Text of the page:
Another example of a good, solid cryptocurrency is Ethereum. Ethereum is a little different in that it doesn't necessarily aspire to be an everyday currency. It has many currencies built on top of it, in ways that frankly confuse me a little. But anyway, Ethereum seems to be gunning for a market where it can be used for "smart contracts" , which is basically using the security of blockchain technology to underpin agreements between people and businesses. Things get a little more technical when talking about Ethereum, so I won't go into it here. You can research it more if you want. But, when you talk about Ethereum, you can point to a particular purpose it serves, which is more than can be said about just about all other cryptocurrencies.
After those two... it gets real shady, real fast. What about the old Bitcoin, not Bitcoin Cash, but the one that had it's price close to 20,000 US$ at the end of 2017? Personally, I'm just not interested in it. The people developing it aspire for it to be a "store of value", which is something that banks and other services would use, and people like you and me would access it through second layer services. For fees, of course. To me it's going the wrong direction of creating more layers of complexity and creating business opportunities for banks and institutions. In the meantime, the transaction times and cost of using Bitcoin have made it practically unusable.
The next level of cryptocurrencies are ones like Stellar Lumens , or Cardano , which have good development teams, and I believe they have good intentions of creating innovative approaches to advancing blockchain technology and cryptocurrencies. But, I'm less clear on what their exact application is. I'm not saying they don't have them, I just don't know what they are.
As you go beyond the top ten or twelve cryptocurrencies, you have a world of pipe dreams and outright scams. Some are even deliberate jokes, like Dogecoin , or PonziCoin . Yes, PonziCoin, which is actually a very clever self-described Ponzi scheme driven by very consistent algorithms.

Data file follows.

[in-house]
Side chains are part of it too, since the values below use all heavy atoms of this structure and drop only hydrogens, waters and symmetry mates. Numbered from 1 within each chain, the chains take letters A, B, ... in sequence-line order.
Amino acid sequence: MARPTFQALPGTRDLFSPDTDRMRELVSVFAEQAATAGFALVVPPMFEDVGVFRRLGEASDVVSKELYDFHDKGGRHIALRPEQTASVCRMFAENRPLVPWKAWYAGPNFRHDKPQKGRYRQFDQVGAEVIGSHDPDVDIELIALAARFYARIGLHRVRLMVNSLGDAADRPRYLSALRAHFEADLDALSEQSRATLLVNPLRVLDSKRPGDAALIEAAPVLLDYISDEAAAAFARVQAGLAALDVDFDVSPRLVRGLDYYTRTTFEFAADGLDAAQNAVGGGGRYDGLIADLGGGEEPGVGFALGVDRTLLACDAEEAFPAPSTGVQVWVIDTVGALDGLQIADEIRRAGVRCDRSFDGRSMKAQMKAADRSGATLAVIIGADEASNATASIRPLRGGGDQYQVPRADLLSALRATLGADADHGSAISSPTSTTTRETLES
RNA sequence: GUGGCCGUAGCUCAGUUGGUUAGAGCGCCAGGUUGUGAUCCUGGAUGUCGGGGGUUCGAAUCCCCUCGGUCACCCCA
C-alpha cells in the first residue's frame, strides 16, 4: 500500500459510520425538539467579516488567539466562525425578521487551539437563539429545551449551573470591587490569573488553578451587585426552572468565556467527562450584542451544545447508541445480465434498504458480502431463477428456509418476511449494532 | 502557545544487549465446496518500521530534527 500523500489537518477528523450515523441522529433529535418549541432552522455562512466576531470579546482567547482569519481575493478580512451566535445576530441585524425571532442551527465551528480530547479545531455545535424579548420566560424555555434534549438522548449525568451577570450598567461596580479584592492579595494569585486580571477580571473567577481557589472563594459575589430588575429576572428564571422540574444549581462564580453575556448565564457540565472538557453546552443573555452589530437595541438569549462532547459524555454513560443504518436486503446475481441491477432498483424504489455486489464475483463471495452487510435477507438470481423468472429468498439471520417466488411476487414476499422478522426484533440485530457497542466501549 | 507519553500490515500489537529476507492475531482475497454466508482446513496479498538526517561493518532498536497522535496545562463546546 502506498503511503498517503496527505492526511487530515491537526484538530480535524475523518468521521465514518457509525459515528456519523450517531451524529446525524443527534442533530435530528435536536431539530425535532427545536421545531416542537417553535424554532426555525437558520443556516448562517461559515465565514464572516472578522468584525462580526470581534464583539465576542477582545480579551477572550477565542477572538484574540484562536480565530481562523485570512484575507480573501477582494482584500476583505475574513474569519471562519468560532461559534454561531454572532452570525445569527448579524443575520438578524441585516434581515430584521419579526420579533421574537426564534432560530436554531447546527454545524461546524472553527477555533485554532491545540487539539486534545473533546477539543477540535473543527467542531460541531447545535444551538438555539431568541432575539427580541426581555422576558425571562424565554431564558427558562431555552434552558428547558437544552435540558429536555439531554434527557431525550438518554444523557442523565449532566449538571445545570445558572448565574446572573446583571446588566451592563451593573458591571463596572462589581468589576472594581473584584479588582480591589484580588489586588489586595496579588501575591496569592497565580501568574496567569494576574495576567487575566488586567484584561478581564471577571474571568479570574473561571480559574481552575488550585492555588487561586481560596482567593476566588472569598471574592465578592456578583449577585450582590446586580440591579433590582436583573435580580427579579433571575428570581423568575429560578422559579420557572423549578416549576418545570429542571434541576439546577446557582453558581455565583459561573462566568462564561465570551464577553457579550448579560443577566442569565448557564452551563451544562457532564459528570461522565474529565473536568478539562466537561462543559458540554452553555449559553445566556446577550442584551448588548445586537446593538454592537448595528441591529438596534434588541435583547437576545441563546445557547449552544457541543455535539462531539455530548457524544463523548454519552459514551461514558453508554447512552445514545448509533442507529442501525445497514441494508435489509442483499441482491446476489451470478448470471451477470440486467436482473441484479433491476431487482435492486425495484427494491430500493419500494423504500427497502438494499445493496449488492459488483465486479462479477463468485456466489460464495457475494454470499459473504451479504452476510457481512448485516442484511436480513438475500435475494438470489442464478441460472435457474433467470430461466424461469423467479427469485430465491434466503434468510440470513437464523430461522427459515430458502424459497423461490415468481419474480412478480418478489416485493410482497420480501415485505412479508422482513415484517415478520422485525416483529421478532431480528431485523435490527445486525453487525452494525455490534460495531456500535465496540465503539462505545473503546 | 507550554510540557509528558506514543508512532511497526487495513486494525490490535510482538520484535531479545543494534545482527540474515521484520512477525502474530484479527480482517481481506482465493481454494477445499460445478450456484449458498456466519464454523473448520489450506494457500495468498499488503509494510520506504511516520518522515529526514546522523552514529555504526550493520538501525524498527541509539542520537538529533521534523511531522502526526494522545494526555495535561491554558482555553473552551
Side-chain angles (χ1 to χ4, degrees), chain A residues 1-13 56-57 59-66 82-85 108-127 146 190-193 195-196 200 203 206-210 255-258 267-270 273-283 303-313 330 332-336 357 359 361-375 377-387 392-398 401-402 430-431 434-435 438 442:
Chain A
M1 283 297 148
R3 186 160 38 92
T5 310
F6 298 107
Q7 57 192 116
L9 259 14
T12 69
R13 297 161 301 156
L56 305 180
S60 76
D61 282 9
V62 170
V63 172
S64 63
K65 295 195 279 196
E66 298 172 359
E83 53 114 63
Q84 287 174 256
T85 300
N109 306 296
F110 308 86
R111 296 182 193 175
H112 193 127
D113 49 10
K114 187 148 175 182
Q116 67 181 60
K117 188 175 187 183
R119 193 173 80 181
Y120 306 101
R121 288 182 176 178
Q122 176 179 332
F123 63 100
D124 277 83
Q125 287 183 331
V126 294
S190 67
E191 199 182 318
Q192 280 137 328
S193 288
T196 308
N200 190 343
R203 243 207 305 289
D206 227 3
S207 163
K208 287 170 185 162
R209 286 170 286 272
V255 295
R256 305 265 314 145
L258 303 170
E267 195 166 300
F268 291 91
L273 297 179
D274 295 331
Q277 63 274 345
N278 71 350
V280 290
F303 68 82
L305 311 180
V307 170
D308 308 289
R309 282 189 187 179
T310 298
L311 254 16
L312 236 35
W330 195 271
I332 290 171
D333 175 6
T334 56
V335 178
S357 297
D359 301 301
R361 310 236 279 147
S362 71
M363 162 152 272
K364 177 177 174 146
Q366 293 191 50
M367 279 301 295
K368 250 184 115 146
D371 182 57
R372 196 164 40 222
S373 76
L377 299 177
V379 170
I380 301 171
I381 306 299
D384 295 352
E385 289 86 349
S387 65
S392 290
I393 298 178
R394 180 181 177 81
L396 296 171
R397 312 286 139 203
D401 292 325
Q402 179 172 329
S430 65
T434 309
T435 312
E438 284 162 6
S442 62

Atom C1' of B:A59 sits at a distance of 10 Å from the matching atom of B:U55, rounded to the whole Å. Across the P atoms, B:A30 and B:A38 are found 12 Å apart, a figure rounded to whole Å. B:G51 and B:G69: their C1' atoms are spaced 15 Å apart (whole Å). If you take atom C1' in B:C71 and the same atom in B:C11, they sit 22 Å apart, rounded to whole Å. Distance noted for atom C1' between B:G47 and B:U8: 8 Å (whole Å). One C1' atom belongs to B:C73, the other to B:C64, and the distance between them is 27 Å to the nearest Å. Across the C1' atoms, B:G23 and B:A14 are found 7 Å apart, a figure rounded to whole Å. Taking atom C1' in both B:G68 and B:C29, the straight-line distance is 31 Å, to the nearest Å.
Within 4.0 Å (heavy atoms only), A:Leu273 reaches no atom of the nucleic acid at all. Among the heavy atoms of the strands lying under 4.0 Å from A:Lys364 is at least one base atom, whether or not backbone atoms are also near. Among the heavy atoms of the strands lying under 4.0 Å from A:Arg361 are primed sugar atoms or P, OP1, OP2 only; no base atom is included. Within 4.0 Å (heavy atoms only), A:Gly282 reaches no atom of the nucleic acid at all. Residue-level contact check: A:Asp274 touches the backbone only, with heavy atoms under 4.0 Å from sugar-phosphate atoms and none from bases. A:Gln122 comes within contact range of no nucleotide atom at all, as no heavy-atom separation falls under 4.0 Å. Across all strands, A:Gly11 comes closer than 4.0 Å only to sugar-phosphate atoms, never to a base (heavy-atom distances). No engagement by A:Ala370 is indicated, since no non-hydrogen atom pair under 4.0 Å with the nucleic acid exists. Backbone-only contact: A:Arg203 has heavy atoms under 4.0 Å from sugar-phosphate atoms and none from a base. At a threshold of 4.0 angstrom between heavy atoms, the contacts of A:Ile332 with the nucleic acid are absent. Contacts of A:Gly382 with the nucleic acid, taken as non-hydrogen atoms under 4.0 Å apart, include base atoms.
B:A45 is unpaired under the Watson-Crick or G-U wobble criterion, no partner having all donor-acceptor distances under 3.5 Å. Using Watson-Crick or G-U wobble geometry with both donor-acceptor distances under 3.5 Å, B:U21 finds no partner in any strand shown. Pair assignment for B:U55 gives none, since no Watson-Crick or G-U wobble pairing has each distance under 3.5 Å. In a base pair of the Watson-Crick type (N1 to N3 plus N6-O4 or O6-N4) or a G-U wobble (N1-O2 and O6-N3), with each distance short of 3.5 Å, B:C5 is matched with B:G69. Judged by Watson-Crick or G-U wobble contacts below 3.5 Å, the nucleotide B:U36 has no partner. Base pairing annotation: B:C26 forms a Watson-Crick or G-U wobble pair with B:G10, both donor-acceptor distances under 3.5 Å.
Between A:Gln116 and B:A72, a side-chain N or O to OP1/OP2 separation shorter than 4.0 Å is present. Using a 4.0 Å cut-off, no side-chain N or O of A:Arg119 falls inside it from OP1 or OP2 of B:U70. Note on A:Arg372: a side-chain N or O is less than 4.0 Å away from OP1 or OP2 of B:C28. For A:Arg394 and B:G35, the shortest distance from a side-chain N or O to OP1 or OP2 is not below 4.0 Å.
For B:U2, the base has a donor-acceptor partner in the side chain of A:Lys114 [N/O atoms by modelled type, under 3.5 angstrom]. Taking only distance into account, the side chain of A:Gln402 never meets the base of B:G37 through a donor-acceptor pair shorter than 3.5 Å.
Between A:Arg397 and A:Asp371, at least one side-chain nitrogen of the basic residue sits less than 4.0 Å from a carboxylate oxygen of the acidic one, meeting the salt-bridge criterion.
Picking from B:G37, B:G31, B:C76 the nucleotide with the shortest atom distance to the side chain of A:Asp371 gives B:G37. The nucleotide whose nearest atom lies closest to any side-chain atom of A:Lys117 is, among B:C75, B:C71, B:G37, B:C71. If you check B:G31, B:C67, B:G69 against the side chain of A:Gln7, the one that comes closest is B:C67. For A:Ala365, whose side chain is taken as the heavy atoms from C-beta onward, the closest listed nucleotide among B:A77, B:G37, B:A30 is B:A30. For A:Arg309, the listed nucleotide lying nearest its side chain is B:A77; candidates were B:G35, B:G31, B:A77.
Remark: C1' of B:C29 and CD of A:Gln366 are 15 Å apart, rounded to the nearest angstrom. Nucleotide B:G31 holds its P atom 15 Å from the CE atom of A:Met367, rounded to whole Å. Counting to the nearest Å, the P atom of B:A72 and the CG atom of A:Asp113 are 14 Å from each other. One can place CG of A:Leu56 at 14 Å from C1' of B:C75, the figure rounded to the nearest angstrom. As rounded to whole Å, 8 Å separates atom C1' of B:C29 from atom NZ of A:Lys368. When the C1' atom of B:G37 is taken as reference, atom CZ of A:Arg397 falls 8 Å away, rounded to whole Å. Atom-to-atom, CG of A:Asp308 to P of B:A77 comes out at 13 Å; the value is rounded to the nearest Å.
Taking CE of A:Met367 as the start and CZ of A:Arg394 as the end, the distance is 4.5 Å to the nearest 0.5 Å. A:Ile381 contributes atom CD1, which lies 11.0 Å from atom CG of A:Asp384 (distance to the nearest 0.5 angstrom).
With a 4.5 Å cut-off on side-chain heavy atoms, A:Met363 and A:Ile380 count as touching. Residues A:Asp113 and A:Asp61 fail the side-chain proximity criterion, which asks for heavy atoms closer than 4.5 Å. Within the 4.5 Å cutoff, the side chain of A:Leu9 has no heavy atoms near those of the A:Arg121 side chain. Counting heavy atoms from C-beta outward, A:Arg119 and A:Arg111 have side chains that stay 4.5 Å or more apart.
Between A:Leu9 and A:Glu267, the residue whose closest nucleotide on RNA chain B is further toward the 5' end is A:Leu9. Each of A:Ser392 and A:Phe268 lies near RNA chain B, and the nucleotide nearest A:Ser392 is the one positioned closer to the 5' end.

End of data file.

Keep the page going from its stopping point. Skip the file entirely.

If tell me you want "get into crypto", I will first tell you what everyone tells you, which is that you should only invest what you can afford to lose, because no one knows what will happen. No one. Not me, not anybody.
But if you insist, I'll happily say, get some Bitcoin Cash, but don't just do nothing with it, try spending it like a real currency. Even if you just exchange it between friends, play around with it. You can buy it in tiny amounts, so pretty much whatever your budget is, you can get in on it. Some people will say you shouldn't spend any because it's value goes up all the time, so it makes sense to just hold it. But, if you just hold it, then it falls into the having no value because it only has value problem. I personally recommend spending small amount that you could easily top up again. The more you use it, the more everyone uses it, the more value it will have for you and everyone else.
If you want to branch out, Ethereum is my second choice. After that, you're on your own. I'm not saying don't get involved with other cryptos, I'm just saying that I'm not recommending anything specific.
And, of course, if you do get into Bitcoin Cash and want to experience a world in which creative people get compensated through micropayments, feel free to explore that possibility by sending me some. You could send ten cents, maybe even less, like a sort of "upvote" on what you've read, to see just how micro a micropayment can be.
What I learned when I asked why Japanese people generally have no trouble consuming milk products.
What I learned when I asked why Japanese people generally have no trouble consuming milk products.
Why Self Publish
I've written a book called 'Your Mind is a Funny Thing', and while I'd like you to check that out, this blog entry is just some offhand notes about the decision to self publish.